pink "think pink" banner image that features a bright pink breast cancer awareness ribbon and a round photo frame with a headshot image of dark-haired, smiling woman wearing hoop earrings

Community came together for breast cancer patient

When Stephanie Sanchez, 49, learned she had breast cancer — lobular carcinoma to be exact — she didn’t waste any time feeling sorry for herself. Instead, she leapt into action.

“I’ve never really been a self-pity person,” she said. “Not that I was being nonchalant about the whole thing, I just had the mindset of ‘OK, this is my reality, what do we need to do next?

Just tell me the plan and let’s get to it.’”

However, being uninsured, even landing on a diagnosis at first felt tricky.

“It was probably around 2020 when I first found a small knot in my breast area,” she said. “I didn’t think anything of it because it was small, and I thought it was maybe just a cyst.”

Fast forward six months or so and Sanchez felt the spot again, only this time it was bigger. Knowing she needed to get this checked out, she did her research on the options she had to have a mammogram done. Sanchez was able to get one through the UTMB Mobile Mammography Unit, which, thanks to a $1.4 million grant from the Moody Endowment, was unveiled in 2018 as part of the institution’s Mobile Mammography Program.

Originally launched in 1999, the program aims to reach women across the region just like Sanchez who struggle to know where to turn when something goes wrong with their health.

Sanchez’s mammogram in November 2020 revealed that she did have a mass, and, in February of the following year, she had a biopsy that confirmed it was cancerous. She was diagnosed with stage three invasive lobular carcinoma, as well as metastatic adenocarcinoma, meaning it had spread into the lymph nodes.

“From there I began the journey to get all the testing I needed done,” said Sanchez, who admits being a bit naïve thinking that once she had the diagnosis it would be as simple as getting chemotherapy or having the cancer removed and that would be that.

Sanchez’s experience was unfortunately far from that simple; however, she’s grateful for the people she’s had helping her throughout the process that’s included everything from chemotherapy and a full mastectomy to radiation and now occupational therapy to help with stage one lymphedema.

“Along the way, everything has been explained to me thoroughly,” she said. “I’ve had a great team of people helping me throughout this journey.”

Sanchez is not just appreciative of the health care professionals who have been there for her during this time; she’s also thankful for the loved ones — and even strangers — who have helped support her in her fight against cancer.

“My family is very close and supportive,” she said. “My aunts found ways to support me by having my house cleaned and helping with laundry, while others cooked and financially helped with what they could. We even had a tamalada — a tamale making party — to make tamales to sell as part of a fundraiser to help cover my treatment expenses.”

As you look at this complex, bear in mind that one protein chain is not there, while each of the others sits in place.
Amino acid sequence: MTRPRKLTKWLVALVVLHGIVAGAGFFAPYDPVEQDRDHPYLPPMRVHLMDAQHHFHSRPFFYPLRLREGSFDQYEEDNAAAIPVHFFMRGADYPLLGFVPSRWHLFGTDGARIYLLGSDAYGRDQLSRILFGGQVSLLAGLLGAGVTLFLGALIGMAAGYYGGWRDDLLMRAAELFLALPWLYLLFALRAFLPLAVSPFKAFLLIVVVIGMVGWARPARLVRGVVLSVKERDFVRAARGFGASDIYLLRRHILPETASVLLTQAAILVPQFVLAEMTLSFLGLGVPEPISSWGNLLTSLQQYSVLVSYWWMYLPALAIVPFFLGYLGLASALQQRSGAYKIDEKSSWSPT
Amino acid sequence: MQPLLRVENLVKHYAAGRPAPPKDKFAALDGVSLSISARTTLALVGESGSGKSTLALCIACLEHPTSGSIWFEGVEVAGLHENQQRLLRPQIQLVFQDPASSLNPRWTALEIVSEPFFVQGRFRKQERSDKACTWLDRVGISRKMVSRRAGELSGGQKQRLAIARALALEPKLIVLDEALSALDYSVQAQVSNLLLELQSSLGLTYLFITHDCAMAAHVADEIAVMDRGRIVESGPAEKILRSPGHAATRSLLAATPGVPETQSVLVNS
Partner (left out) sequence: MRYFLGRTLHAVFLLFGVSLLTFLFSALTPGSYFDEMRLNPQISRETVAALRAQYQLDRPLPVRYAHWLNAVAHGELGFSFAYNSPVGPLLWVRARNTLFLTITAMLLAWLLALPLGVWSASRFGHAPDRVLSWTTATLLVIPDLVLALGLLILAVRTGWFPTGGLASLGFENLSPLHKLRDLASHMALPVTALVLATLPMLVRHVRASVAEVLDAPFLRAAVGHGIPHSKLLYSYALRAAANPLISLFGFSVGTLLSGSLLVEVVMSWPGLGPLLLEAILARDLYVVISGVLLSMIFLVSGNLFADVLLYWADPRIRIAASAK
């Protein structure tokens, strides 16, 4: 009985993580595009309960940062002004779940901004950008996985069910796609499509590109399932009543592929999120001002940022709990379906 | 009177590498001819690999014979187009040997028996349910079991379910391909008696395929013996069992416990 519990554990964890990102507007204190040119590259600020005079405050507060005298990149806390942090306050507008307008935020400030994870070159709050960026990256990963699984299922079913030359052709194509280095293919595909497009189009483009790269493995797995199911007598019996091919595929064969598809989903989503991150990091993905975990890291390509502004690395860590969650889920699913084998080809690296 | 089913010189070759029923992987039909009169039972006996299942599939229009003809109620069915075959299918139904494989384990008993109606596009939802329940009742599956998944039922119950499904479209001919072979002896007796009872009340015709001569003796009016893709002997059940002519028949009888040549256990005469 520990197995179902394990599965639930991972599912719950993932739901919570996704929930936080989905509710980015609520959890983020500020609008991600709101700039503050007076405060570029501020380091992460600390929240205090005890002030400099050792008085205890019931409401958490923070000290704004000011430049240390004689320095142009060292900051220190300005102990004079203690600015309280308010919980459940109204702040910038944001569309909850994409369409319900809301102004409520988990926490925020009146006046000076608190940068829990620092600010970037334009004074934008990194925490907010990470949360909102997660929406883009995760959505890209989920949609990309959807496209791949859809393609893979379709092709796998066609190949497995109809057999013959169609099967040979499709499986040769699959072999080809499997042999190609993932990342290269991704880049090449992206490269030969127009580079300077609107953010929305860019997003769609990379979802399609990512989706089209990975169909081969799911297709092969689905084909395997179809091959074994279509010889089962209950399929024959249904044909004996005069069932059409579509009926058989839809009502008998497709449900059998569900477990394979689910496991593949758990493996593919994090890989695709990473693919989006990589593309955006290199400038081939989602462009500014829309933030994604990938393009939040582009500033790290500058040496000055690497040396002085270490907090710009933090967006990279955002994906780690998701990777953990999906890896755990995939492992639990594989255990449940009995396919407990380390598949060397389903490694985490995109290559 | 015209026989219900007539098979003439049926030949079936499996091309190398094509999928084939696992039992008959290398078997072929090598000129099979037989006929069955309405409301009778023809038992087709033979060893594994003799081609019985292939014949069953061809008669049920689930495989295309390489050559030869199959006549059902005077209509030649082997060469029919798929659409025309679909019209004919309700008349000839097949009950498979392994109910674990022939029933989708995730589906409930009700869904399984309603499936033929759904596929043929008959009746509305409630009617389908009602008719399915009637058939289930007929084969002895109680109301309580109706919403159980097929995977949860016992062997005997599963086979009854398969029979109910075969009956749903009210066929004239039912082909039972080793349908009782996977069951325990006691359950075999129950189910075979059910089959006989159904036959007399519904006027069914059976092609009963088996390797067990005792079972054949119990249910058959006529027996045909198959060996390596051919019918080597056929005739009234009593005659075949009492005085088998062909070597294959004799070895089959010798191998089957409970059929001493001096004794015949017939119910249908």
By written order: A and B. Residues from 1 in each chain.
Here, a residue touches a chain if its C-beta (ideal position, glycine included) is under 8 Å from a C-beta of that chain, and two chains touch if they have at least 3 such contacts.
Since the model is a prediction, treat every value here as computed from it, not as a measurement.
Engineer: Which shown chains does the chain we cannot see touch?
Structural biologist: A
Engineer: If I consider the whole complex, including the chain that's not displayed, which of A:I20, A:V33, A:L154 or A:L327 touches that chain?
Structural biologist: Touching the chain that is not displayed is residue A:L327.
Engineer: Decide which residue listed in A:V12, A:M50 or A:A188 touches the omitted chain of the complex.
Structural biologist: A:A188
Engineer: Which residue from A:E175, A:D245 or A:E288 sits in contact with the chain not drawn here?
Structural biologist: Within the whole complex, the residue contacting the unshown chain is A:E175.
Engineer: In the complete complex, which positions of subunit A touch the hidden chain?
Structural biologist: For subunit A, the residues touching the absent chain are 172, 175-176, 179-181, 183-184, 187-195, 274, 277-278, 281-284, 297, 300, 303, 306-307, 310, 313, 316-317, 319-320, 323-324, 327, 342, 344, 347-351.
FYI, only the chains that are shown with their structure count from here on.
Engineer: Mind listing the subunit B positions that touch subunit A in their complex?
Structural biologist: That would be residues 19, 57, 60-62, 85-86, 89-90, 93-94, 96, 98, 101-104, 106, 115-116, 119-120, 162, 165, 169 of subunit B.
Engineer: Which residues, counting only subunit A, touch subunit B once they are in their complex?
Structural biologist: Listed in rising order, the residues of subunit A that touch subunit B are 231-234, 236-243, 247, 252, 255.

one male and three women posing, smiling for photo, each wearing gray hats and shirts with pink ribbons and words in support of breast cancer awareness

The outpouring of generosity was something Sanchez said she never would have expected, and she credits it with helping her keep a positive outlook throughout every phase of her battle.

“From the way I was feeling day to day to the immense help I was receiving from the community around me, I don’t think my experience has been as bad as it could have been,” she said.

“Sure, I was sickly some of the time, but I didn’t let it run me or my days.”

Looking back on all she’s endured in recent years, Sanchez has learned the importance not just of positivity, but of slowing down and really listening to her body.

“I’ve always been go, go, go. Busy with home life and work, and I’ve never taken time to take stock of my surroundings and my health,” she said. “I wish I would have listened to my body a lot sooner.”

As Sanchez nears the end of this chapter of her life, she expresses so much gratitude for everyone she’s encountered at UTMB Health along the way, including her surgical oncologist Dr. Colleen Silva.

One of the doctors even took to heart Sanchez’s feedback that the headrests available to patients during radiation treatments were uncomfortable. This particular physician took Sanchez’s concerns and worked to get all new headrests for patients.

Unfortunately, the new amenities didn’t arrive in time for her to use them, but it makes her happy knowing that she’s helping others, even if only in a small way.

“The whole team from the beginning to where I’m at now has just been amazing,” she said. “I don’t know if you would get that anywhere else. UTMB Health is undoubtedly my clinic and hospital of choice.”

Learn more about UTMB Health’s Breast Health program

This feature first ran as a story in the  2023 Think Pink special section  of the Daily News. You can view the full  publication  online or download the PDF .